# Analysis of Selection Sort

We'll cover the following

Selection sort loops over indices in the array; for each index, selection sort calls indexOfMinimum and swap. If the length of the array is $n$, there are $n$ indices in the array.

Since each execution of the body of the loop runs two lines of code, you might think that $2n$ lines of code are executed by selection sort. But it's not true! Remember that indexOfMinimum and swap are functions: when either is called, some lines of code are executed.

How many lines of code are executed by a single call to swap? In the usual implementation, it's three lines, so that each call to swap takes constant time.

How many lines of code are executed by a single call to indexOfMinimum? We have to account for the loop inside indexOfMinimum. How many times does this loop execute in a given call to indexOfMinimum? It depends on the size of the subarray that it's iterating over. If the subarray is the whole array (as it is on the first step), the loop body runs $n$ times. If the subarray is of size 6, then the loop body runs 6 times. For example, let's say the whole array is of size 8 and think about how selection sort works.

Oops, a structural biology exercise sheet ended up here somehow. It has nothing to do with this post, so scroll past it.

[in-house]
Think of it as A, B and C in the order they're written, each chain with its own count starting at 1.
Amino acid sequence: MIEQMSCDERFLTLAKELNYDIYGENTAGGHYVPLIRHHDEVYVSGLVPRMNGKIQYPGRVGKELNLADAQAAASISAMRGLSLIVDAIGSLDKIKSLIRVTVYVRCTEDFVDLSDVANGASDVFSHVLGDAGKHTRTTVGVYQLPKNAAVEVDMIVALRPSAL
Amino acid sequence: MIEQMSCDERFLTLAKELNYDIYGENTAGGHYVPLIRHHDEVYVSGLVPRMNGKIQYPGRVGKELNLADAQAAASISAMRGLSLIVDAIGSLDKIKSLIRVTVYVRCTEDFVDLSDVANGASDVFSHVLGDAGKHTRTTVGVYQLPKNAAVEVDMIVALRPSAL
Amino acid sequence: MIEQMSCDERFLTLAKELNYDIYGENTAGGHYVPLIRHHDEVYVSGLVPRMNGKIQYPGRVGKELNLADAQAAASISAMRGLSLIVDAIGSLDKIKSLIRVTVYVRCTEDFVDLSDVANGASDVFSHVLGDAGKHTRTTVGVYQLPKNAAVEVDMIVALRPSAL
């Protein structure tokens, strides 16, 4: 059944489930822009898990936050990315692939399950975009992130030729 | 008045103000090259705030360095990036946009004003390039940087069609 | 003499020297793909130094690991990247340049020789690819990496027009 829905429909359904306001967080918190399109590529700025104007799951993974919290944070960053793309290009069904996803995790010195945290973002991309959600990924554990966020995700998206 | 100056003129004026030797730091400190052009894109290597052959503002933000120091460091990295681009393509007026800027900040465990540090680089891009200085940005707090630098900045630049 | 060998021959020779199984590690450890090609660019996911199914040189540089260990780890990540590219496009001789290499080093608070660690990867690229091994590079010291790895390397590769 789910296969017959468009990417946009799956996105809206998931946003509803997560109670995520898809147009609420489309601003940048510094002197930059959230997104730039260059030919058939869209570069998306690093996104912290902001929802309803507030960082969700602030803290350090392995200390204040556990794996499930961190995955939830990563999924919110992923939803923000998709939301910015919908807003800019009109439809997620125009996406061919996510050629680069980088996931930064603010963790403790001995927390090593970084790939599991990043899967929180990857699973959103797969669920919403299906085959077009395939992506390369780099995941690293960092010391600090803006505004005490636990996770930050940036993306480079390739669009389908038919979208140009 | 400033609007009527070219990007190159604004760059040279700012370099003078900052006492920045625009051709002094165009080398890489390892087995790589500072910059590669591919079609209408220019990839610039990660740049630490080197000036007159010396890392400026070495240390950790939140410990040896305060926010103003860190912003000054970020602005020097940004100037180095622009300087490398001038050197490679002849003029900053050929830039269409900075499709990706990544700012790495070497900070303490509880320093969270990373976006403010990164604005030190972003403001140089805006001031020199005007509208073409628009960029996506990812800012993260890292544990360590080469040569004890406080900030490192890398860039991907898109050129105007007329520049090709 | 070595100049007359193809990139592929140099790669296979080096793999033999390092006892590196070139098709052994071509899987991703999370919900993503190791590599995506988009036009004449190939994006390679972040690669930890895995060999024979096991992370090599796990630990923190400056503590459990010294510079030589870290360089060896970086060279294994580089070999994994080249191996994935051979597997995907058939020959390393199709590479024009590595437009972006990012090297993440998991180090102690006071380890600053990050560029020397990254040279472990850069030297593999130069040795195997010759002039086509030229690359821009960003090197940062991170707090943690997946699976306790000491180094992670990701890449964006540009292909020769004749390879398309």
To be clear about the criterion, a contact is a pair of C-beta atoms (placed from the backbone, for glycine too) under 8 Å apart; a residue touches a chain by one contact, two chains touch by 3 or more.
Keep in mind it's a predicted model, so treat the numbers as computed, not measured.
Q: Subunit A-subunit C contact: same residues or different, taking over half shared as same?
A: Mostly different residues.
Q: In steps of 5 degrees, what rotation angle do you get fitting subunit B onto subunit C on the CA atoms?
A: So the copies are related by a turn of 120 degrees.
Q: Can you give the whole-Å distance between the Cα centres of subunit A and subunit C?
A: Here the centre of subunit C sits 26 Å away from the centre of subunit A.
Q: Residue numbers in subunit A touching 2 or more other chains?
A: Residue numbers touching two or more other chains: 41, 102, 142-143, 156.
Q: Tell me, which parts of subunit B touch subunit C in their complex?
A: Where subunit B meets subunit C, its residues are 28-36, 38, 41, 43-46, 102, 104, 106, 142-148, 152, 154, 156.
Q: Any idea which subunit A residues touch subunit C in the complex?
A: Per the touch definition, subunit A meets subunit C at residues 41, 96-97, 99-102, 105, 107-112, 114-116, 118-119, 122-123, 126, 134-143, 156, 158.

1. In the first call of indexOfMinimum, it has to look at every value in the array, and so the loop body in indexOfMinimum runs 8 times.

2. In the second call of indexOfMinimum, it has to look at every value in the subarray from indices $1$ to $7$, and so the loop body in indexOfMinimum runs 7 times.

3. In the third call, it looks at the subarray from indices $2$ to $7$; the loop body runs 6 times.

4. In the fourth call, the subarray from indices $3$ to $7$; the loop body runs 5 times.

5. In the eighth and final call of indexOfMimimum, the loop body runs just 1 time.

If we total up the number of times the loop body of indexOfMinimum runs, we get 8 + 7 + 6 + 5 + 4 + 3 + 2 + 1 = 36 times.

## Side note: Computing summations from 1 to n

How do you compute the sum $8 + 7 + 6 + 5 + 4 + 3 + 2 + 1$ quickly? Here's a trick. Let's add the numbers in a sneaky order. First, let's add $8 + 1$, the largest and smallest values. We get $9$. Then, let's add $7 + 2$, the second-largest and second-smallest values. Interesting, we get $9$ again. How about $6 + 3$? Also $9$. Finally, $5 + 4$. Once again, $9$! So what do we have?